New International Survey: U.S. Adults More Likely to Skip Care Because of Costs, Struggle Financially

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<p>A new 11-country survey from The Commonwealth Fund finds that adults in the United States are far more likely than those in 10 other high-income nations to go without needed health care because of costs and to struggle to afford basic necessities such as housing and healthy food.</p><p>The survey findings, published today by <em>Health Affairs</em>, also indicate Americans are sicker than people in other countries and experience high levels of emotional distress.</p>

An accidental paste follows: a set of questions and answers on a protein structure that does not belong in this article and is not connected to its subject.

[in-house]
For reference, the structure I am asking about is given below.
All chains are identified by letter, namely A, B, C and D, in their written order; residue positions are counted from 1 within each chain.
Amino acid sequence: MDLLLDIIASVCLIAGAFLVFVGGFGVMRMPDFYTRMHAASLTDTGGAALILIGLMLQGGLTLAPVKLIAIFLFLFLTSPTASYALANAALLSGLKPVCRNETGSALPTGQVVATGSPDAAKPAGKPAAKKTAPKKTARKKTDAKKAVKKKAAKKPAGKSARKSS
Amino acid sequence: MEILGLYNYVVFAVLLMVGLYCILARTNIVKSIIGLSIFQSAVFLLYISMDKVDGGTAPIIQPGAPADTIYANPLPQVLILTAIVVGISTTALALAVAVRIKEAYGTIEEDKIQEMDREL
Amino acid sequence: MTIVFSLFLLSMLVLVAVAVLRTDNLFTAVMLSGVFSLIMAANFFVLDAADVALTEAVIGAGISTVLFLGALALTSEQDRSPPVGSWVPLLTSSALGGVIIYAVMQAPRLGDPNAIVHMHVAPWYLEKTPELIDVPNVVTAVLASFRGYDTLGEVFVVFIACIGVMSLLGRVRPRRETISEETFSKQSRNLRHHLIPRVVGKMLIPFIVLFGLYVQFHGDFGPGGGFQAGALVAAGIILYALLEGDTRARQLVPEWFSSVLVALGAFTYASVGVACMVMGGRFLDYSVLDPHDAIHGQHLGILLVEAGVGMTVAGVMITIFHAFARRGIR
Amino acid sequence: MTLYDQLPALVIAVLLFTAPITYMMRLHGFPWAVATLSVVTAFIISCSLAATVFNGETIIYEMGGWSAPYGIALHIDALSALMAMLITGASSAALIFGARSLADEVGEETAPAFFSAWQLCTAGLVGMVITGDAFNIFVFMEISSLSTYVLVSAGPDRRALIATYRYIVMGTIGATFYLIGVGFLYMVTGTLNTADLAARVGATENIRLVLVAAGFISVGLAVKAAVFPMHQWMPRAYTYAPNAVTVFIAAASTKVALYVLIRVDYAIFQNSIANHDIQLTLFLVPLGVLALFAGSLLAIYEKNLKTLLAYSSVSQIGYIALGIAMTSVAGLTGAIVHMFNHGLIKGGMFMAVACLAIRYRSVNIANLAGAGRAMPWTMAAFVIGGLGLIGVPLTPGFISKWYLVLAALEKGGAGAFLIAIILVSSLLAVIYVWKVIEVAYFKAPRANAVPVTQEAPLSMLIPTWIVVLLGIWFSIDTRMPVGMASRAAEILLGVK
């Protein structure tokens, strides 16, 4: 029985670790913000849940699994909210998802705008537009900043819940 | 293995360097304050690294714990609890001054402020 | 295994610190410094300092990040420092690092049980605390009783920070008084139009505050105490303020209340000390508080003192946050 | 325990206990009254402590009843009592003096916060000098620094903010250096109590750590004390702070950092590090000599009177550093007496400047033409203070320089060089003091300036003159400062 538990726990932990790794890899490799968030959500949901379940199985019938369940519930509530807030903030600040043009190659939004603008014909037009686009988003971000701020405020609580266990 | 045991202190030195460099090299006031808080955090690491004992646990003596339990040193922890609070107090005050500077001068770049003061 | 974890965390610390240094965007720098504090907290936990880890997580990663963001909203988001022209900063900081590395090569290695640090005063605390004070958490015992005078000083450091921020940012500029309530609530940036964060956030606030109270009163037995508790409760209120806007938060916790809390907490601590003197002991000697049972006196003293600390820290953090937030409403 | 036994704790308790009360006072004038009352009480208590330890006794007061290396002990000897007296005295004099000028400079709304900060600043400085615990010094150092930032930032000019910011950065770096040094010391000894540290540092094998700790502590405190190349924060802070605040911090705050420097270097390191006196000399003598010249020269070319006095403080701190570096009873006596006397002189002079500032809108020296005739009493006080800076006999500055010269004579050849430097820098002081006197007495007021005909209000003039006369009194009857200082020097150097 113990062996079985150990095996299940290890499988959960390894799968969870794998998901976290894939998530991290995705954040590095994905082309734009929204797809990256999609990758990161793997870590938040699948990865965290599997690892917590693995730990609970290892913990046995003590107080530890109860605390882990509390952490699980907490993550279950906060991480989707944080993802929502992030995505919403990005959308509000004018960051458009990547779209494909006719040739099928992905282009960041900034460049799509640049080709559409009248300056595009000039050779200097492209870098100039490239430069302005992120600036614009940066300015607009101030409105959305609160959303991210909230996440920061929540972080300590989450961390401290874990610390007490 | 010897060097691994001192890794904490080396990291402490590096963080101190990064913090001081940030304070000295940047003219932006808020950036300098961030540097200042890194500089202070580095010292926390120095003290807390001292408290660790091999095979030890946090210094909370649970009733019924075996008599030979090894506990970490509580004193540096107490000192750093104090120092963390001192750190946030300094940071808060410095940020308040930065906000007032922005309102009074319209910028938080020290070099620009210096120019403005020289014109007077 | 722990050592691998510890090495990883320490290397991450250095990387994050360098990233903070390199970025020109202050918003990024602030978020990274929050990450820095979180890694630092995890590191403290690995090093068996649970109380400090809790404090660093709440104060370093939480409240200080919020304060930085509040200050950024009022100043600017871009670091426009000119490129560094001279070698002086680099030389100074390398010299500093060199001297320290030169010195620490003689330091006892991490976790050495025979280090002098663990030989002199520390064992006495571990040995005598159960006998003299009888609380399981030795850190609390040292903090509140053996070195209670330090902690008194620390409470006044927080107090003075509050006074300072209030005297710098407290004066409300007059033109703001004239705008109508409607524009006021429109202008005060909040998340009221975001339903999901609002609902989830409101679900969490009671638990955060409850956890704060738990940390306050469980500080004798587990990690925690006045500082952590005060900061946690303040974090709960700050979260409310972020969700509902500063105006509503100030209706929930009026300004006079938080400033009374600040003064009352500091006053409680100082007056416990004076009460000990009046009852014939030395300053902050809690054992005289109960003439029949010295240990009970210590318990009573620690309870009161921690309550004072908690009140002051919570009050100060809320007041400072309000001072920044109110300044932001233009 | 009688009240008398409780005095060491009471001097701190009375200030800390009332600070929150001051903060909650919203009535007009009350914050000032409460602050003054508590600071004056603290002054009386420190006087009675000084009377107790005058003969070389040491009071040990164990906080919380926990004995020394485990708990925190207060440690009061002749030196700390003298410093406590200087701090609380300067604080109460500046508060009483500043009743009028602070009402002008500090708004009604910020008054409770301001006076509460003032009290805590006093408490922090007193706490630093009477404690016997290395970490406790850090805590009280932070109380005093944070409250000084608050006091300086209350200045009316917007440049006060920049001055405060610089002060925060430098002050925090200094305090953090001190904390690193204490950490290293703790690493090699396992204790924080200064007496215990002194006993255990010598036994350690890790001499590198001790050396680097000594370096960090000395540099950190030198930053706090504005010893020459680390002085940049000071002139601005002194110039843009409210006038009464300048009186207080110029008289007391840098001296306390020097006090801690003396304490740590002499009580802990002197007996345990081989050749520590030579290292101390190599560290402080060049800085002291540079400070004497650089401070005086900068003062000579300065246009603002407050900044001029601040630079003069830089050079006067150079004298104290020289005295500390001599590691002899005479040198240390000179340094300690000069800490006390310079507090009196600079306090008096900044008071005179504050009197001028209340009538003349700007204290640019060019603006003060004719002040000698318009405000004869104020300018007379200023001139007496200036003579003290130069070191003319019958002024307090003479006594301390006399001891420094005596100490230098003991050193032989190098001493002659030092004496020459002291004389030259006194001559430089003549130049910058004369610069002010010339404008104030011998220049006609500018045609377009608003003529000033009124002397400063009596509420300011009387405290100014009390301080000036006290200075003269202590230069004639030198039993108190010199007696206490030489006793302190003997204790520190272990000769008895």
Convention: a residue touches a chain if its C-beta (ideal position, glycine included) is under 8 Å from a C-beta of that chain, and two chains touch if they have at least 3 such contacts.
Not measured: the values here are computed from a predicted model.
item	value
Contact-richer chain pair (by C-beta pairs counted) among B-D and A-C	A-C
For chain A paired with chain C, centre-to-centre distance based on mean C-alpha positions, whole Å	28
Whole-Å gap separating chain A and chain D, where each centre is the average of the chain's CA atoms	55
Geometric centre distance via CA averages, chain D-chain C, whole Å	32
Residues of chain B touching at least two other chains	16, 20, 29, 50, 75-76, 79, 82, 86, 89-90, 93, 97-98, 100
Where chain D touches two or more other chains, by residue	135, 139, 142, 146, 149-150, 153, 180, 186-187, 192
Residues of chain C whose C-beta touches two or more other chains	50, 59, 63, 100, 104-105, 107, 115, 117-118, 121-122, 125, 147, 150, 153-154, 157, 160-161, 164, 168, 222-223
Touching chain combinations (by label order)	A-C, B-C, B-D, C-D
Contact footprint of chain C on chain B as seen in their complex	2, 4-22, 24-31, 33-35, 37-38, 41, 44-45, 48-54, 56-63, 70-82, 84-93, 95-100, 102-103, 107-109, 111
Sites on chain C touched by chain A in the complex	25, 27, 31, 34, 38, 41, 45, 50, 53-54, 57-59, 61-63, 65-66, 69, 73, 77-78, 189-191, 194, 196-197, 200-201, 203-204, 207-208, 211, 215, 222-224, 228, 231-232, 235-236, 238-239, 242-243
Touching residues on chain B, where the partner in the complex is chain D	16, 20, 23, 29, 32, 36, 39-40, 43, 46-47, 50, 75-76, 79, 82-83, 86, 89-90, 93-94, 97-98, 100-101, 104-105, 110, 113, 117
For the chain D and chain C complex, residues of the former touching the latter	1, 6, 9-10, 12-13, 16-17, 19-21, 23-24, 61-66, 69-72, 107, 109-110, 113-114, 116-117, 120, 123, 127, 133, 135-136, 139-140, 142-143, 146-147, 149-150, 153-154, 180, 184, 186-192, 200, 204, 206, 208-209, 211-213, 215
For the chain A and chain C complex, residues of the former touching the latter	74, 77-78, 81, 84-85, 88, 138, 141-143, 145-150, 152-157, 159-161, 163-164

<p>Although there has been significant improvement since the 2013 survey, one-third of U.S. adults went without recommended care, did not see a doctor when sick, or failed to fill prescriptions because of the cost—a far higher proportion than in such countries as the U.K., Germany, the Netherlands, and Sweden. The U.S. also stands out for material hardship: about one of six adults say they worry about having enough money for nutritious food or struggle to afford their rent or mortgage.</p> Read more survey results